The playoffs are a whole lot harder than the regular season and preseason; guys step their games up, coaches step their games up, and they're good at seeing what teams like to do and don't like to do. That's the fun part for me is just making (opposing) coaches look bad. —Utah Jazz forward Josh Howard
SALT LAKE CITY — Pardon the reverie, Jazz forward Josh Howard was saying, but back in the day they knew him. He had a name.
"The Spurs Killer," he said as the Jazz readied Friday for Game 1 of the playoffs. "That's what they used to call me."
He was a versatile, smooth-stroking young player who helped lift the Dallas Mavericks to their first NBA Finals appearance.
It was also in an era when Howard regularly saw the playoffs. The Mavericks made the cut in each of his first six seasons. But two years ago, after being traded to Washington, he played just 18 games thanks to a torn ACL. Even this year he has been hounded by his nemesis, missing another 18 games due to knee surgery.
But those first six years were something to remember. His scoring average climbed to 20 points. The Mavs reached the NBA Finals in 2006, with Howard starting 59 games. That rose to 69 and 76 the next two years. In 2007 he was an All-Star.
Yet Howard also made news in areas besides basketball and injuries. He admitted on-air that he occasionally smoked marijuana. He also got arrested for drag racing and reportedly passed out flyers in the locker room announcing his birthday party, following a critical loss. At the same time, he has also set up charitable programs to help kids.
Consequently, he couldn't have been blamed for taking umbrage when a reporter inadvertently asked him about being "sort of an unknown guy" on the team.
"Unknown guy?" Howard said, an eyebrow raised.
The reporter corrected himself, saying he meant "forgotten."
"Yeah, yeah," Howard said, "I'll take that one."
But even "forgotten" may not be the case much longer. With Howard back from this year's injury layoff, he could start ahead of DeMarre Carroll in Sunday's playoff opener at San Antonio. Howard scored 12 points and got six rebounds in 25 minutes on Thursday. Carroll also has played well down the stretch, but has no playoff experience.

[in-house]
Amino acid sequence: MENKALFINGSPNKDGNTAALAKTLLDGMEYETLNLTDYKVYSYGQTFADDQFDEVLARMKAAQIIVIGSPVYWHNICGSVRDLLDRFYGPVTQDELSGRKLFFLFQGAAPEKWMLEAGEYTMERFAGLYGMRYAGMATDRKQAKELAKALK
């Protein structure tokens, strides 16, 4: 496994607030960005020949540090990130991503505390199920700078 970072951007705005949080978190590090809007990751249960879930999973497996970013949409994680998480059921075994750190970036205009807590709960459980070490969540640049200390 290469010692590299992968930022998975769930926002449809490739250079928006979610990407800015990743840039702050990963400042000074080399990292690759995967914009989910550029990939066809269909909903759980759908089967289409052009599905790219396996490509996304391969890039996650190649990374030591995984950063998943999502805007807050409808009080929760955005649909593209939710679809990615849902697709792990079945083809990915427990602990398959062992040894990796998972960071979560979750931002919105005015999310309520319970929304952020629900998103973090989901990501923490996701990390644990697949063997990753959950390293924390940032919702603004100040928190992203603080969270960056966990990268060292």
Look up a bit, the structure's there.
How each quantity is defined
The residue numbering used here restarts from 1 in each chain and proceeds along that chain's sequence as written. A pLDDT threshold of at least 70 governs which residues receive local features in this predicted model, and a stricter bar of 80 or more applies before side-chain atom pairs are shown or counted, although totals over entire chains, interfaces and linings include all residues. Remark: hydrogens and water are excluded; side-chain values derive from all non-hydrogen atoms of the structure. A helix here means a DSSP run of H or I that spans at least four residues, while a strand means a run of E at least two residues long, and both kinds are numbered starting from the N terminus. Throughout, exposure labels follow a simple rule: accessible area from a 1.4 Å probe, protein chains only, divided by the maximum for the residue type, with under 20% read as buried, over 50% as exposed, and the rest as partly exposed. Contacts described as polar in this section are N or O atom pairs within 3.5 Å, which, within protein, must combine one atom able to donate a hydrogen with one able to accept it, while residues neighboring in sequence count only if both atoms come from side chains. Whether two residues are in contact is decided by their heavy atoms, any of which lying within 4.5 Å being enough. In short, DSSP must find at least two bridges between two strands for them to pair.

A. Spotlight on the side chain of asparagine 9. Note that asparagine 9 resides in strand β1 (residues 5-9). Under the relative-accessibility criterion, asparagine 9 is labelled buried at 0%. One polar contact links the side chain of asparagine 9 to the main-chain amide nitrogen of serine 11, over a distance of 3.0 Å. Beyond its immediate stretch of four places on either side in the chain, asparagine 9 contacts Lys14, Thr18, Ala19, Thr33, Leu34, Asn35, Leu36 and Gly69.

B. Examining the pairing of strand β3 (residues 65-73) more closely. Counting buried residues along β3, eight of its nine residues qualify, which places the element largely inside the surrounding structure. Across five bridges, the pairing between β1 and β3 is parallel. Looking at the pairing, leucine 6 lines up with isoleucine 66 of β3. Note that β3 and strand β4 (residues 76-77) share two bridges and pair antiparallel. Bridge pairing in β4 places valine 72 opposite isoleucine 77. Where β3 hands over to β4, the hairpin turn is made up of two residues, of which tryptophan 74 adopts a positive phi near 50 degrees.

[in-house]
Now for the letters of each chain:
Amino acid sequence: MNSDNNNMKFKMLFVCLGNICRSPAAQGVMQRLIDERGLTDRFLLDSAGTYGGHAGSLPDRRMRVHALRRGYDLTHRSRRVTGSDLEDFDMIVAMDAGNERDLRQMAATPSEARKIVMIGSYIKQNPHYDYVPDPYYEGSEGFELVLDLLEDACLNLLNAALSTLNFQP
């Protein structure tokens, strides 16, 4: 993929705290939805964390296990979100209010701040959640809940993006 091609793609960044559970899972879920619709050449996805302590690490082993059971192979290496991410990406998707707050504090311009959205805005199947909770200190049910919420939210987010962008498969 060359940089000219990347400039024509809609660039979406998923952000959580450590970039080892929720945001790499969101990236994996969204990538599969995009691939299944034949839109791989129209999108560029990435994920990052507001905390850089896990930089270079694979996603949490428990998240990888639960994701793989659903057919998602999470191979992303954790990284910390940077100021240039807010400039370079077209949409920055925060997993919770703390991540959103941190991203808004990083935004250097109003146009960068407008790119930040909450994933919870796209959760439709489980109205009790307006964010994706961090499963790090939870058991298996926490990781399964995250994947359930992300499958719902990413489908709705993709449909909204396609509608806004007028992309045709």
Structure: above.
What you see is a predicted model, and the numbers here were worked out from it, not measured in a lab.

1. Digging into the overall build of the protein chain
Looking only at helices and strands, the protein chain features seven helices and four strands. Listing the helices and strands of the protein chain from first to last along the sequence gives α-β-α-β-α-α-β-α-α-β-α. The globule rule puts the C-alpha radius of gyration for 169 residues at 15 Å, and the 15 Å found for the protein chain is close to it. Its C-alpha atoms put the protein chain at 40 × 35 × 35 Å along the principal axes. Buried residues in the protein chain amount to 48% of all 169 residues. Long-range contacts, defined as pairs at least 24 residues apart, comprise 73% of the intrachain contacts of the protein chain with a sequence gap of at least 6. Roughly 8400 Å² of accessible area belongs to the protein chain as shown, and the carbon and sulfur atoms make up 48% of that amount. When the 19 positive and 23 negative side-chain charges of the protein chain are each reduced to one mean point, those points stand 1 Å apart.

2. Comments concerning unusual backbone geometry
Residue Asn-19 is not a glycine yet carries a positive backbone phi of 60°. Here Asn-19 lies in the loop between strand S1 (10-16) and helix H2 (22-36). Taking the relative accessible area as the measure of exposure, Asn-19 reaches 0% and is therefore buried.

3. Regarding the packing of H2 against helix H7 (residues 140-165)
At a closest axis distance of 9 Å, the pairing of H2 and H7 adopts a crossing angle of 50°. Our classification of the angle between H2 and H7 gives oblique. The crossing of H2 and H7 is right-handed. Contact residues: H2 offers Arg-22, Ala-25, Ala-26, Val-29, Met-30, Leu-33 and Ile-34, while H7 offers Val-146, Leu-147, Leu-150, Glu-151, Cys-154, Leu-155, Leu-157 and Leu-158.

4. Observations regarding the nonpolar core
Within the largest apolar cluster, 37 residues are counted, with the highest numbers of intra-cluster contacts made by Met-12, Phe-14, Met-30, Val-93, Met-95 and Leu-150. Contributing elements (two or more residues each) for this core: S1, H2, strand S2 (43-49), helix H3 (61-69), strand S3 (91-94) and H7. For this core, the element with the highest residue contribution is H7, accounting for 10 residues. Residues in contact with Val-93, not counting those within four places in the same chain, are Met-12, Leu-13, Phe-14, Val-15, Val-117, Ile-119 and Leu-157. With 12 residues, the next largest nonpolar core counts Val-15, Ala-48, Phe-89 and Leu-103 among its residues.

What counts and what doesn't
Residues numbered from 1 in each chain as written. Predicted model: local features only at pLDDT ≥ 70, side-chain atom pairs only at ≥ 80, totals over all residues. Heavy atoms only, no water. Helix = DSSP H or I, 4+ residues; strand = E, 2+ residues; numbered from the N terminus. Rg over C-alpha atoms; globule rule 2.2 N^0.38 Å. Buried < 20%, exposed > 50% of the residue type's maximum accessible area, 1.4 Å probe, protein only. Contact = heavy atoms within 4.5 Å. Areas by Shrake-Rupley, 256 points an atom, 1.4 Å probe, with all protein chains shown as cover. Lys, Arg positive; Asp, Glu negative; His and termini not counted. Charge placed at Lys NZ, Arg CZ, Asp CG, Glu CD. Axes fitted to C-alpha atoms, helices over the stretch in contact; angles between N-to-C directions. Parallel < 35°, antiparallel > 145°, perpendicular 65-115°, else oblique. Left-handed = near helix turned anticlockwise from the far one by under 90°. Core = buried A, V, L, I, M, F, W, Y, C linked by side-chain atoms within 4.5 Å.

You name it, Howard has seen it, including playoff series against the Spurs in 2006 and 2009. Dallas won both meetings. Now here he is, and here come the Spurs.
"I've always respected their organization and I just go out and play hard, no matter what the situation is," Howard said.
Howard is just one of several Jazz players with playoff experience, but there are plenty who don't have it. Carroll, Gordon Hayward, Alec Burks, Enes Kanter, Blake Ahearn and Derrick Favors have never been in the playoffs. Al Jefferson has only been there once, with Boston in 2005.
So what do you say about the postseason to a group of kids too young to know better?
"It's a lot different," Howard said. "I haven't really started (talking), but today and tomorrow, maybe I can show some of my knowledge to them. But for the most part, that first game is going to be kind of nerve-wracking, regardless of what they say. Even I'm nervous sometimes."
Howard said he expects to tell younger teammates that the heat rises in the kitchen, once the real cooking begins. It's exponentially more intense in the playoffs.
"I would say 100 percent more," he said. "In my days in Dallas — and I hate to refer to that because it's in the past — we used to say we had three seasons: preseason, regular season and playoffs.
"The playoffs are a whole lot harder than the regular season and preseason; guys step their games up, coaches step their games up, and they're good at seeing what teams like to do and don't like to do. That's the fun part for me is just making (opposing) coaches look bad. I always like changing it up. So if we can find ways to get the baskets and continue to play the defense we've been playing the last month, we're going to be a tough one for those guys."
They hope to be killers.